- If the answer to the first question is in the negative and wilayah in the Ghadir tradition includes both mystical and political authority, then that is the point we want to assert and we do not need to further prolong the discussion. But if they still insist that the declared wilayah in Ghadir is mystical only, then the second question arises as follows: We have a person after the Prophet (s) who is at a high mystical rank and is also the bravest man militarily. He was considered to be the commander of the Prophet's army and has been his successor during the Battle of Tabook in the last years of the Prophet's life. He had also at times been tackling and administering the affairs of people in Yemen. Such a person is worthy of taking the government and the authority after the Prophet. Additionally, no party believed that the Prophet had appointed any particular person as his successor or as caliph after him, otherwise vowing allegiance to Ali (a.s.) would have been opposed to the command of the Messenger of Allah (s). Moreover, we see that, as per the Sunni books, this perfect mystic who maintained mystical authority over Muslims opposed the person who had come to power after the demise of the Holy Prophet (s); he did not pledge allegiance to him for six months. Shouldn't we give importance to his mystical authority in this regard? Is it not violation of the Prophet's command to be inattentive to his sayings and views? If in such matters, we do not pay attention to the words of a mystic who has authority over us, then what would be the benefit of his mystical authority?!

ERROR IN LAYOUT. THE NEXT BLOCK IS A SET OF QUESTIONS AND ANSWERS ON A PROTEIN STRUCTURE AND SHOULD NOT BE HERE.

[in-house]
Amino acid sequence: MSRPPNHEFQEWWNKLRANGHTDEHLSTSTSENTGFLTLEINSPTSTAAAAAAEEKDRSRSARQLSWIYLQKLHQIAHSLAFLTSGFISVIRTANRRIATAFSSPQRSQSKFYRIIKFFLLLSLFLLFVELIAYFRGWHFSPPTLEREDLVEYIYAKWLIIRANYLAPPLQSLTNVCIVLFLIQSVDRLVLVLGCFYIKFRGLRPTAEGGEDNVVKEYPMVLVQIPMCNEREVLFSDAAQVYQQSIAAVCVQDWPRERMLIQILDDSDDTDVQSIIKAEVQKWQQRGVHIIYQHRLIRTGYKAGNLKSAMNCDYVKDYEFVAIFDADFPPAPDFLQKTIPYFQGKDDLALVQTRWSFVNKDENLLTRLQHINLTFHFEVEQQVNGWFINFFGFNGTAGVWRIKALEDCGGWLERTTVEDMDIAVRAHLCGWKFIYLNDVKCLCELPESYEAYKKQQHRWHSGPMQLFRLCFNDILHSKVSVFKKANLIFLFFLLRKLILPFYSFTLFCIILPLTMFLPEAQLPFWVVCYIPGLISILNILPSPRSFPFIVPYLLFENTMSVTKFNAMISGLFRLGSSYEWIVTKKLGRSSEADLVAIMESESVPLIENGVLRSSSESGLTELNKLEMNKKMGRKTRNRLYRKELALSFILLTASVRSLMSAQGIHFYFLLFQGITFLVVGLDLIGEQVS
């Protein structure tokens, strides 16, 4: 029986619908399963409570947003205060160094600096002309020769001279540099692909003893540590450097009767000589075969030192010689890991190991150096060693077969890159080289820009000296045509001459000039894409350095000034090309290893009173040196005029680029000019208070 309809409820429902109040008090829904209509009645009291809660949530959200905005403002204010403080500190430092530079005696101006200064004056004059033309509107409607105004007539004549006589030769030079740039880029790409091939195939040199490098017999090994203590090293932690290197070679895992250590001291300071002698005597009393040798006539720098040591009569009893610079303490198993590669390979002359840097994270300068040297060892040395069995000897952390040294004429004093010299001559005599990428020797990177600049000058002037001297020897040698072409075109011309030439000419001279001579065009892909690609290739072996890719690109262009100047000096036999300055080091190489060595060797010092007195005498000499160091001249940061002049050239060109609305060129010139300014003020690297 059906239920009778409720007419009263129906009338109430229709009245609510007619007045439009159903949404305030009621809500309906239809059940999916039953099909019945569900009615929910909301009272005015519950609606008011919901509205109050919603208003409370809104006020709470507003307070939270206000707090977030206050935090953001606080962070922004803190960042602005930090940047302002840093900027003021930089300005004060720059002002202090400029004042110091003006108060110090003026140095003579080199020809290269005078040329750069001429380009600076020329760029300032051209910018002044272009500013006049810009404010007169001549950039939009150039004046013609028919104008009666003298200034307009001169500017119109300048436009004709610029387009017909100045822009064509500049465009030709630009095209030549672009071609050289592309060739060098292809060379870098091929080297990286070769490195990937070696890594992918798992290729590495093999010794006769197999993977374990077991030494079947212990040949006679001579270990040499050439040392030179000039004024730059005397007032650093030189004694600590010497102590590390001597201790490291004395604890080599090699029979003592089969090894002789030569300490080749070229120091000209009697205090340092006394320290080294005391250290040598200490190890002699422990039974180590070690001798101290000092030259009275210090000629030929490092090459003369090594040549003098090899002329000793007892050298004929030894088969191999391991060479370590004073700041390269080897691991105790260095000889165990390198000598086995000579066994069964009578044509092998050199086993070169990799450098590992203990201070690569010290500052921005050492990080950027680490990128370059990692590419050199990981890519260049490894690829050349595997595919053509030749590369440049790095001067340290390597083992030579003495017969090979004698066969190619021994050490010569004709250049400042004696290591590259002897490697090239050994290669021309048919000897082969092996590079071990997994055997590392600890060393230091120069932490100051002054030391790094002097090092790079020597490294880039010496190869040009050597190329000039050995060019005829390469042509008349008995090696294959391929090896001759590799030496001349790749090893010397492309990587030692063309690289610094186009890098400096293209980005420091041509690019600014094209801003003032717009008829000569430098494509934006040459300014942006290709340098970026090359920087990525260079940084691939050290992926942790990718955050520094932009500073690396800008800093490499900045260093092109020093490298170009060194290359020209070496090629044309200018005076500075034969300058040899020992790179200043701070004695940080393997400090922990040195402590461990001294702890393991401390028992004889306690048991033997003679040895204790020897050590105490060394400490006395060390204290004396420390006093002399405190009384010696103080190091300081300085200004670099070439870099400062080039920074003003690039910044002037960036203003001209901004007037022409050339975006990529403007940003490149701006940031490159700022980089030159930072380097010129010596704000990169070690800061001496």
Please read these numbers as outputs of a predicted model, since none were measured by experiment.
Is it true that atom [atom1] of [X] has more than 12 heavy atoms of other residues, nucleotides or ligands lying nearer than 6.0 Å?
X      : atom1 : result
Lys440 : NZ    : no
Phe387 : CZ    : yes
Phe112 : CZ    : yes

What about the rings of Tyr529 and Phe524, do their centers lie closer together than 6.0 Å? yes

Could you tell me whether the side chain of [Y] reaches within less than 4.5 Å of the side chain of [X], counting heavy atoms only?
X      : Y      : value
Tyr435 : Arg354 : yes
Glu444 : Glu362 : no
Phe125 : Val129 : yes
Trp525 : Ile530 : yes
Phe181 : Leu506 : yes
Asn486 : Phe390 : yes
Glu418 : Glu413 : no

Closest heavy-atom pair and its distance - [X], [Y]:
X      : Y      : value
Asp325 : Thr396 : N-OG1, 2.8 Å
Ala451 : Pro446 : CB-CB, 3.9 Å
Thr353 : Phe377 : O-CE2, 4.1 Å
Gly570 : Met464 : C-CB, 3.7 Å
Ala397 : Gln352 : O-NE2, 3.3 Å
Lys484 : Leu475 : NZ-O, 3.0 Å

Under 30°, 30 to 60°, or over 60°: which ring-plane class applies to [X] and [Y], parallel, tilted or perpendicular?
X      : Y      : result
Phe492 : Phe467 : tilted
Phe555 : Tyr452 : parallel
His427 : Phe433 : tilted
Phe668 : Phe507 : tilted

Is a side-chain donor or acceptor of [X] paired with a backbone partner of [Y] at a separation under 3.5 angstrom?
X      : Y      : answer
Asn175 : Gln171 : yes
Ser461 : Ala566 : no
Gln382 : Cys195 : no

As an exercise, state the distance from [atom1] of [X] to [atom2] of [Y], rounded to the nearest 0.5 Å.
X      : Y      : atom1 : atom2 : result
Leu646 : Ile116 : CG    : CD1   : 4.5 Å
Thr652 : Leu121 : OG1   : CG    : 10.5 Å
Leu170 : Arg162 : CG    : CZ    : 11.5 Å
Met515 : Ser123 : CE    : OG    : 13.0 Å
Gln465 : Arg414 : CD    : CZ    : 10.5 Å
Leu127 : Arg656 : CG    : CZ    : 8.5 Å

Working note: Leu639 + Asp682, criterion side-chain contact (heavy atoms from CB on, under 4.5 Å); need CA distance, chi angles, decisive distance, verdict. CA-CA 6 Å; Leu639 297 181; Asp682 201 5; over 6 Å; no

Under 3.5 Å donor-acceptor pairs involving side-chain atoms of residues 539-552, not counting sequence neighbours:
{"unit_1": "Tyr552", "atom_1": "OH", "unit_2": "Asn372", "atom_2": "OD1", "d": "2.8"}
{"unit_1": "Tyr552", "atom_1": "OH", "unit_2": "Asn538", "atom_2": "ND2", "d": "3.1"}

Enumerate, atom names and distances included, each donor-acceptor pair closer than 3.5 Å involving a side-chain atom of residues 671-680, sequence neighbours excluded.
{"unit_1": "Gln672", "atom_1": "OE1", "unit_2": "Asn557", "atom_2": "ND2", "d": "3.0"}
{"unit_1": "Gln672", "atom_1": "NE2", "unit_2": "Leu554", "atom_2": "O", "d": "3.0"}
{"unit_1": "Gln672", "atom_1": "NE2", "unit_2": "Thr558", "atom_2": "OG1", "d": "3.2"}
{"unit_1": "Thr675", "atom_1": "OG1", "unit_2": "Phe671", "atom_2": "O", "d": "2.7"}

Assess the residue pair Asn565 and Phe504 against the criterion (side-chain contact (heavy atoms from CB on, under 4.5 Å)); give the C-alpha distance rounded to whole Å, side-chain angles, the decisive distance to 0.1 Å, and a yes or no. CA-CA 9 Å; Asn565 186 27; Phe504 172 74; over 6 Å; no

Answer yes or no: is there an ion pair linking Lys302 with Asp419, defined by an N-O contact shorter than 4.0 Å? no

Hence, we conclude that the declared authority in Ghadir – be it mystical or political – will not justify the acts of those who prevented Imam Ali (a.s) from reaching the caliphate notwithstanding the fact that we believe that he, like the Holy Prophet (s), enjoyed mystical authority as well as political eligibility. In fact, to bring up such a discussion in regard to the Prophet (s) was not meaningful, nor was it ever propounded by anyone. The big question that arises here is: Based on the Holy Prophet's explicit statements about Imam Ali (a.s.) having all his traits, is it not strange to surrender the caliphate to someone other than him?!
 - On Yawm al-Dar, the Day of Mubahalah, the Battle of Tabook, when some individuals objected to the way he led the contingent led to Yemen etc.
 - See: Ahmad bin Hanbal, Al-Musnad, vol.1, pg. 118 – 119, Dar Sadir, Beirut, Ibn Majah Qazvini, Al-Sunan, vol.1, pp.43-45, Dar al-Fikr, Beirut and Sahih Tirmidhi, 1403 A.H., vol.5, pg. 297, Dar al-Fikr, Beirut.
 - Ahmad bin Hanbal, Musnad, vol.4, pg. 281, Dar Sadir, Beirut.
 - Bukhari, Sahih, 1401, A.H., vol.5, pg. 129, Dar al-Fikr, Beirut.
 - See: Bukhari, Sahih, vol.5, pp.82 & 83.